Bunker is a novel about fear: about the fear of failing in creative endeavours but also about not letting that fear take control. It is about the fear of exposure to terror or violence and what, in extreme cases, that fear can drive us to.
In this fragmentary structured novel, we encounter three voices: the first belongs to the first-person narrator, who has just delivered a new book manuscript to his publisher. Is what he has written good enough? How far has fear marked the life he has lived? Salvesen writes about what it means to write a literary universe into being, about how and why the I-narrator does it and how artists must live with the consequences of their art.
The second voice belongs to David, who has lost his father and his job in the oil industry. He feels alienated in the life he lives. Now he has planted a bomb outside the Norwegian Petroleum Directorate in the coastal oil town Stavanger and has gone into hiding in a bunker beneath the sea. The terrorist act was organised by others and David has escaped the consequences for his action. When the bomb went off, he was already out of range. What and who has this action turned him into?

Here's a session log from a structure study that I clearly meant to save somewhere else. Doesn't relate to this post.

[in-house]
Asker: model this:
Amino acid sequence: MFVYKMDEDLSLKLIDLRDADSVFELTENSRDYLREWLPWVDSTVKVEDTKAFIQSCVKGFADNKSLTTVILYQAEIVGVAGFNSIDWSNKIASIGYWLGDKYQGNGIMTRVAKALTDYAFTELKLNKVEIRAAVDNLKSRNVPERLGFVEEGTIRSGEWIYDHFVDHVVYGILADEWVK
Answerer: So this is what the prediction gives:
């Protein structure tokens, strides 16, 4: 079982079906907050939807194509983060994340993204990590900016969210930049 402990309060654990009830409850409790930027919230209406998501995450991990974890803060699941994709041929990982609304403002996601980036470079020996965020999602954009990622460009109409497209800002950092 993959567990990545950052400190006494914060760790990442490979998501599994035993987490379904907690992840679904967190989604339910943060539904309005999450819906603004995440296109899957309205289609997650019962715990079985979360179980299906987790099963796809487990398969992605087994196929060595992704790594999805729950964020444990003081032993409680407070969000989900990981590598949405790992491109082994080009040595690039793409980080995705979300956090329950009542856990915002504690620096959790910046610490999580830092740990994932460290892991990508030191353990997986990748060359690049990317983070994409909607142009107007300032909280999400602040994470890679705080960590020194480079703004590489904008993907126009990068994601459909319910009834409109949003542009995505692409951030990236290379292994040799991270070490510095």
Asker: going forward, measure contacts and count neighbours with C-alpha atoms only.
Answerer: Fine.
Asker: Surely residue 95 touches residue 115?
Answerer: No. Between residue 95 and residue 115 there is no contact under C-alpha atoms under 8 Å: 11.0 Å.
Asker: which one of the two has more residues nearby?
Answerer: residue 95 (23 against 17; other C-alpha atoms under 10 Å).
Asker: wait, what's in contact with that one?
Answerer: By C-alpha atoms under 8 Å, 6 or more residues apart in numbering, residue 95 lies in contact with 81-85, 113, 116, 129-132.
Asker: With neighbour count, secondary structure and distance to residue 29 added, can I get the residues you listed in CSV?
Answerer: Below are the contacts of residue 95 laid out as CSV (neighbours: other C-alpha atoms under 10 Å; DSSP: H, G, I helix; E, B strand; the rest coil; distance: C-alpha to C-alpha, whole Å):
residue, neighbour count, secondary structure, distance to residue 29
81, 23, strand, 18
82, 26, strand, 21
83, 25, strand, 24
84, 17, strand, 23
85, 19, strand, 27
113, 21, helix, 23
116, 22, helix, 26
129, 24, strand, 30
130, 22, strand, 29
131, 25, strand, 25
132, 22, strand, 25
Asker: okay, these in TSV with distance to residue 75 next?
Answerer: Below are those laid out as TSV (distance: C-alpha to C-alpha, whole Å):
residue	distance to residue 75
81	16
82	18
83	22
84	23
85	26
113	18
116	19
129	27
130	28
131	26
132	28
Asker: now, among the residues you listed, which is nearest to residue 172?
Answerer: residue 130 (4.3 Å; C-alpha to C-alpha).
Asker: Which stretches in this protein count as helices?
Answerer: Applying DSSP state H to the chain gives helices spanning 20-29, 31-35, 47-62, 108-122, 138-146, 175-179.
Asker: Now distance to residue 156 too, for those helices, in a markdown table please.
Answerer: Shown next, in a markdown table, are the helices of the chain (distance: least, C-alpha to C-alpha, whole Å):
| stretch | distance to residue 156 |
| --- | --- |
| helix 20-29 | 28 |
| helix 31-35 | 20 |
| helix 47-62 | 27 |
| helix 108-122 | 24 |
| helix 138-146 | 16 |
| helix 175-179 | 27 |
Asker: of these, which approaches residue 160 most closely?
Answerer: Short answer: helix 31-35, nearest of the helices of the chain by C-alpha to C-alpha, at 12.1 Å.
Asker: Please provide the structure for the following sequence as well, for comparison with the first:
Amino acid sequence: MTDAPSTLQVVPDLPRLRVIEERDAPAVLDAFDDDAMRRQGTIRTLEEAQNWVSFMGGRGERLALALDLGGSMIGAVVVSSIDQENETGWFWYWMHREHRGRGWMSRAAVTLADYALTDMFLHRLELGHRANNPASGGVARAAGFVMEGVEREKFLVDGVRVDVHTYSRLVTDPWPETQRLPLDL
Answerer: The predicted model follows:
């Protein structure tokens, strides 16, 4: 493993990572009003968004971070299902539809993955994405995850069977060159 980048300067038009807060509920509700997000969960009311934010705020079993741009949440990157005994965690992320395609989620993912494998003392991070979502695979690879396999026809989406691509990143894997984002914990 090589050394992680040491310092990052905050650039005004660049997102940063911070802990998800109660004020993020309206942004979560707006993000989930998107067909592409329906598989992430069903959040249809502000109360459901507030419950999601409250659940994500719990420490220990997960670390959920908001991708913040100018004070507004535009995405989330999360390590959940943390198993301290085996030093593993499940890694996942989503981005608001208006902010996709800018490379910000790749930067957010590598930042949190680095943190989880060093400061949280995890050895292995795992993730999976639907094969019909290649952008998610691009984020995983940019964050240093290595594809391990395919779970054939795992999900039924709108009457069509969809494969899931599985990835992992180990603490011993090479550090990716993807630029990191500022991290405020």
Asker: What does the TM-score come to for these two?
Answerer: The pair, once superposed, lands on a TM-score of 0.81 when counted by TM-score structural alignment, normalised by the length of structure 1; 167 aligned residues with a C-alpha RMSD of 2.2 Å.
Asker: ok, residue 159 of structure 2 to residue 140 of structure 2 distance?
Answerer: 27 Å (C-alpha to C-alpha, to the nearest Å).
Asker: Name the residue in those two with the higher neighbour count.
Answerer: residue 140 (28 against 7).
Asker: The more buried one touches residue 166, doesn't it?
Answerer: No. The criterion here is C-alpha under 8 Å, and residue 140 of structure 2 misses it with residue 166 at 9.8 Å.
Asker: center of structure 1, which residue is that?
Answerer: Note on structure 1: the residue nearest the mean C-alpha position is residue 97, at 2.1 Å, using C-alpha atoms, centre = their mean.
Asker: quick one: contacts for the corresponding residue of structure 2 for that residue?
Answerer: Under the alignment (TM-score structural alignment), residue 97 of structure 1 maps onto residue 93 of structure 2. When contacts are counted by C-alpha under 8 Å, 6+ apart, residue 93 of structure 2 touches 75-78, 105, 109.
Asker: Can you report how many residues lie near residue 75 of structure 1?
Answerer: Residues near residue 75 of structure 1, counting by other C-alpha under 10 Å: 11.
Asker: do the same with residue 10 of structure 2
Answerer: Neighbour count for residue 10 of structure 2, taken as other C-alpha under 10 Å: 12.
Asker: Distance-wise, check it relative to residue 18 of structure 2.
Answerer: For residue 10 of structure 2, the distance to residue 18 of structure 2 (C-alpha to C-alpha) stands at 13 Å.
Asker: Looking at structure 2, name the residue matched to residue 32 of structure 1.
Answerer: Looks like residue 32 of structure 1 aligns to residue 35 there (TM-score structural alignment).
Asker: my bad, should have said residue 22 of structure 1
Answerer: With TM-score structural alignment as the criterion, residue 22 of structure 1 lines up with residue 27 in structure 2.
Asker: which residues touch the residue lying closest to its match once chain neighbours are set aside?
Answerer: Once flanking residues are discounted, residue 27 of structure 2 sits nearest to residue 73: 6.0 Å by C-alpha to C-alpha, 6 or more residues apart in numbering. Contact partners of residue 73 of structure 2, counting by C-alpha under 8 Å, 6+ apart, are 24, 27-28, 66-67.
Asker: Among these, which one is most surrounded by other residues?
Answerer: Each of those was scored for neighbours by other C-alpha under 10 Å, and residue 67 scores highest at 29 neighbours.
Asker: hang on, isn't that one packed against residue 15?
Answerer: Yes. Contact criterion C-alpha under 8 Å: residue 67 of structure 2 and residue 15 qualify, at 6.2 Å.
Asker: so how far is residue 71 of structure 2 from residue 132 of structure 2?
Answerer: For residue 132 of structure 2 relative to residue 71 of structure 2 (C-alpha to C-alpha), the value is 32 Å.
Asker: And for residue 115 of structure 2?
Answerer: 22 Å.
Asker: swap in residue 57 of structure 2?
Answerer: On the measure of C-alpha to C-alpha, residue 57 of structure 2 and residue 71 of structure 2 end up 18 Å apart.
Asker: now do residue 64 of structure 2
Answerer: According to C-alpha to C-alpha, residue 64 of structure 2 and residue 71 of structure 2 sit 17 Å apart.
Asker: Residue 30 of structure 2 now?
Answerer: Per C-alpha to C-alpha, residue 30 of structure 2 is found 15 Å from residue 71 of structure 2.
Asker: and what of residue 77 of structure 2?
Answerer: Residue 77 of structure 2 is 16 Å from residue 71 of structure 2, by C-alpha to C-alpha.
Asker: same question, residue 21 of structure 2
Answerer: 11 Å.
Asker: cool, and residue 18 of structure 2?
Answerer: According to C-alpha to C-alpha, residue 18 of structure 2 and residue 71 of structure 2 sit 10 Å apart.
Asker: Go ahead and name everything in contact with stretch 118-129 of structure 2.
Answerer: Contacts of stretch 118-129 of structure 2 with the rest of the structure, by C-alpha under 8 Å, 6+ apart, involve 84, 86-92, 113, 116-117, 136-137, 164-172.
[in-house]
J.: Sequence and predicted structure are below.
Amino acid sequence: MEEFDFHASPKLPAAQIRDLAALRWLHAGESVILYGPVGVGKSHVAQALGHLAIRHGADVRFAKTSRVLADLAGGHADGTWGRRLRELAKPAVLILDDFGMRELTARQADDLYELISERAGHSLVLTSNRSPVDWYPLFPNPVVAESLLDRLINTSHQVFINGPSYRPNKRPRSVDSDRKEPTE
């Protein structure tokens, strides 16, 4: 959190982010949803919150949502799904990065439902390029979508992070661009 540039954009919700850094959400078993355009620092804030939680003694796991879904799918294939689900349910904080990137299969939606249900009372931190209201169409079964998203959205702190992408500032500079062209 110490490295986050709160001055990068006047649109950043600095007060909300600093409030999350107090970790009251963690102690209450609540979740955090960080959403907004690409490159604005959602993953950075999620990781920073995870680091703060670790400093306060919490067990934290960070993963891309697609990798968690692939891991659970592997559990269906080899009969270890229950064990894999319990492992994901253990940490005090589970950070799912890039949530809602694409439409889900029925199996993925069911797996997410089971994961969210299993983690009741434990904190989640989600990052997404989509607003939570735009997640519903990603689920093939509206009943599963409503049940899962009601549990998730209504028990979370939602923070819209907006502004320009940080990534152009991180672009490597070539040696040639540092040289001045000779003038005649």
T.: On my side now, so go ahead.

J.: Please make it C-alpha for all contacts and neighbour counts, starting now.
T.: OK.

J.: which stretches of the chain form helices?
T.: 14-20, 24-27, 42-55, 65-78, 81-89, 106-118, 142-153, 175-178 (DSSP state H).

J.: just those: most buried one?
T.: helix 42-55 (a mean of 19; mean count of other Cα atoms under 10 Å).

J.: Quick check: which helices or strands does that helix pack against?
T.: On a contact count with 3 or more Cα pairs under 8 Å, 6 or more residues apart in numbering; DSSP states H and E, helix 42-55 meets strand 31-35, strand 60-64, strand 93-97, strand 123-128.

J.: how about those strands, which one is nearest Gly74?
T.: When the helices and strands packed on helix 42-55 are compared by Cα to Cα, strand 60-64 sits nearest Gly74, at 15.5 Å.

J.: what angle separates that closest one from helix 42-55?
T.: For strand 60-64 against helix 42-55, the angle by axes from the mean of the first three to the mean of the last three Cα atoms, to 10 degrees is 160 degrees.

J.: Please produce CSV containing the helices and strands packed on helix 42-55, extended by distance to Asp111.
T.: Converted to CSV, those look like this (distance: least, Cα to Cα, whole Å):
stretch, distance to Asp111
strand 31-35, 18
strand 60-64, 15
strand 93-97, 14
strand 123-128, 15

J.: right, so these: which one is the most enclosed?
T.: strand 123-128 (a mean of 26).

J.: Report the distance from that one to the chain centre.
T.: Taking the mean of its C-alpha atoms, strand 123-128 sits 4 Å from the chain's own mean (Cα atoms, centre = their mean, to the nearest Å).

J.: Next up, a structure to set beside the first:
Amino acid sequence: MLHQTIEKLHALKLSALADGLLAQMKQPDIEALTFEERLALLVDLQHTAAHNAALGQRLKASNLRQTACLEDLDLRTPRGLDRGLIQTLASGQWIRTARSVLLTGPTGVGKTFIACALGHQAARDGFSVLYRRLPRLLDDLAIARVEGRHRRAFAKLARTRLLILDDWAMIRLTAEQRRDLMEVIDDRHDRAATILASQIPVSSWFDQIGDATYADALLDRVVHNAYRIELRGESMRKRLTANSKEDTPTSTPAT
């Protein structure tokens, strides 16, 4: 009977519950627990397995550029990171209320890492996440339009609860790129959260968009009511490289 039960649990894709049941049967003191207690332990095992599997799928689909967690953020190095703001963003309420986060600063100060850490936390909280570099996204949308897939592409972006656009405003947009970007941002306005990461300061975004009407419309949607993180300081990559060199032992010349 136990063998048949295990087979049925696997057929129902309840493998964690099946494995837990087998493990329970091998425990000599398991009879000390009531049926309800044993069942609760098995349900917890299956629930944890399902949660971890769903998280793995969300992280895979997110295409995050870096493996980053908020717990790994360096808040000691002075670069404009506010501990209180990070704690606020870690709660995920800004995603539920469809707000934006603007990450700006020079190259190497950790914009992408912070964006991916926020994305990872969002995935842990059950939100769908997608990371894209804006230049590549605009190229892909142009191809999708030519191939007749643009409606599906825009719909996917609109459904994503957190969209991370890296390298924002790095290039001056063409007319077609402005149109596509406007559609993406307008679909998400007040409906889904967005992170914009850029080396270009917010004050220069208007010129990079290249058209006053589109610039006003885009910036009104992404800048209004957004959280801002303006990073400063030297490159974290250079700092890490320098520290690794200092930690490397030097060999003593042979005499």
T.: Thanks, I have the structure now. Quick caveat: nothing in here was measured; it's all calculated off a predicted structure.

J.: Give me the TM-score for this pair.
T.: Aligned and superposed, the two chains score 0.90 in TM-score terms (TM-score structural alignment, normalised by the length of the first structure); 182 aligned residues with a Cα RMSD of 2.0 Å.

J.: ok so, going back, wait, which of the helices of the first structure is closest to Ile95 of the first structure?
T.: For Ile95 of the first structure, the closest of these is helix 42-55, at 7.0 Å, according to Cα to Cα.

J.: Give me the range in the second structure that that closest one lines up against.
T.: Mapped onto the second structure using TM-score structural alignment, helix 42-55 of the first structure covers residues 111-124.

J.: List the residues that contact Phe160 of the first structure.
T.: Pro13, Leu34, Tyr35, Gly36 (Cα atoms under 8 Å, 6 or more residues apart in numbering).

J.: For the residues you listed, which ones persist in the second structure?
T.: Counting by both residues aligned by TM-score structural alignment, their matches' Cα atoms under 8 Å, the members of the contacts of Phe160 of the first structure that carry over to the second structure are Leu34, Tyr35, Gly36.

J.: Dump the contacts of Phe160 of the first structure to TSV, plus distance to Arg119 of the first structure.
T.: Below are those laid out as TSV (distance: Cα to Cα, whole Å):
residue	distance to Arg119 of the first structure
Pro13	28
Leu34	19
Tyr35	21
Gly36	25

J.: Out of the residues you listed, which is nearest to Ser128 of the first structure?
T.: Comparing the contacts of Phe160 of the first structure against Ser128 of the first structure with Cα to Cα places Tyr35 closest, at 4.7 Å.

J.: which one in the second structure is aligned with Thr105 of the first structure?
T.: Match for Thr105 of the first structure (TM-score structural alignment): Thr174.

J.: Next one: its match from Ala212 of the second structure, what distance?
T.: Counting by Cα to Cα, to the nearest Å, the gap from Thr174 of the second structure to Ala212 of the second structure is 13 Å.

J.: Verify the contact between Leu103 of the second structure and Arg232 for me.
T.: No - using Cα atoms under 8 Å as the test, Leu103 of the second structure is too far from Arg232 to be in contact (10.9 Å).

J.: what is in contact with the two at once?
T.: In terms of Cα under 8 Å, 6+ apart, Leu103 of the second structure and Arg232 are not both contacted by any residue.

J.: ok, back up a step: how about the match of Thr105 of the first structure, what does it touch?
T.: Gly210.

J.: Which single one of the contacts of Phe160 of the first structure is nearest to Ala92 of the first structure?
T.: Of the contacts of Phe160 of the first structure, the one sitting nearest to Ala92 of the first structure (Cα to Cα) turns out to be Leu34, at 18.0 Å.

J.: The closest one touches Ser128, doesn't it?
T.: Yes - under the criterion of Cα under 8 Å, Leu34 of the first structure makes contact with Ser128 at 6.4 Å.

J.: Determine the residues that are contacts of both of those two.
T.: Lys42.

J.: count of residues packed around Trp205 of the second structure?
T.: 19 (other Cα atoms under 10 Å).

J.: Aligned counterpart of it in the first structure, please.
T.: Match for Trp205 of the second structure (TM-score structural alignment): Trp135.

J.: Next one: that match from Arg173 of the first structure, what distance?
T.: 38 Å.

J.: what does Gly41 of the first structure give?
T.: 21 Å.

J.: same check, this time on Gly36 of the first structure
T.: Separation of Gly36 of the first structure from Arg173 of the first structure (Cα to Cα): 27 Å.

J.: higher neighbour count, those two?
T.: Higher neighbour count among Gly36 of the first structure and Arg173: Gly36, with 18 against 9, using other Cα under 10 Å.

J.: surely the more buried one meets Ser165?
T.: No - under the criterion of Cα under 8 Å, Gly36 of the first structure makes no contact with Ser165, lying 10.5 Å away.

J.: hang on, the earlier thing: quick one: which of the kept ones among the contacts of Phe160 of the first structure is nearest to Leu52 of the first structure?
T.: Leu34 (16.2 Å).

The third and final voice belongs to Snorre Sand, an author who has taken early retirement and who helped cast the concrete of the bunker where David now is during the Second World War. He looks back over his eventful past – war, imprisonment, love, a literary life – and tries to seek meaning in an existence in which he no longer writes. But his story is cunningly interwoven with the narrative above David and a kind of essay about the first-person narrator’s own writing process. Everything is connected with everything else.
What motivates a terrorist? What is the essence of fear and violence? What does isolation do to us? And how are these elements connected with the premises of all artistic work? Bunker draws the reader into uncomfortable questions that affect our own age and is a latticework of questions and threads in which readers must seek answers and direction for themselves.
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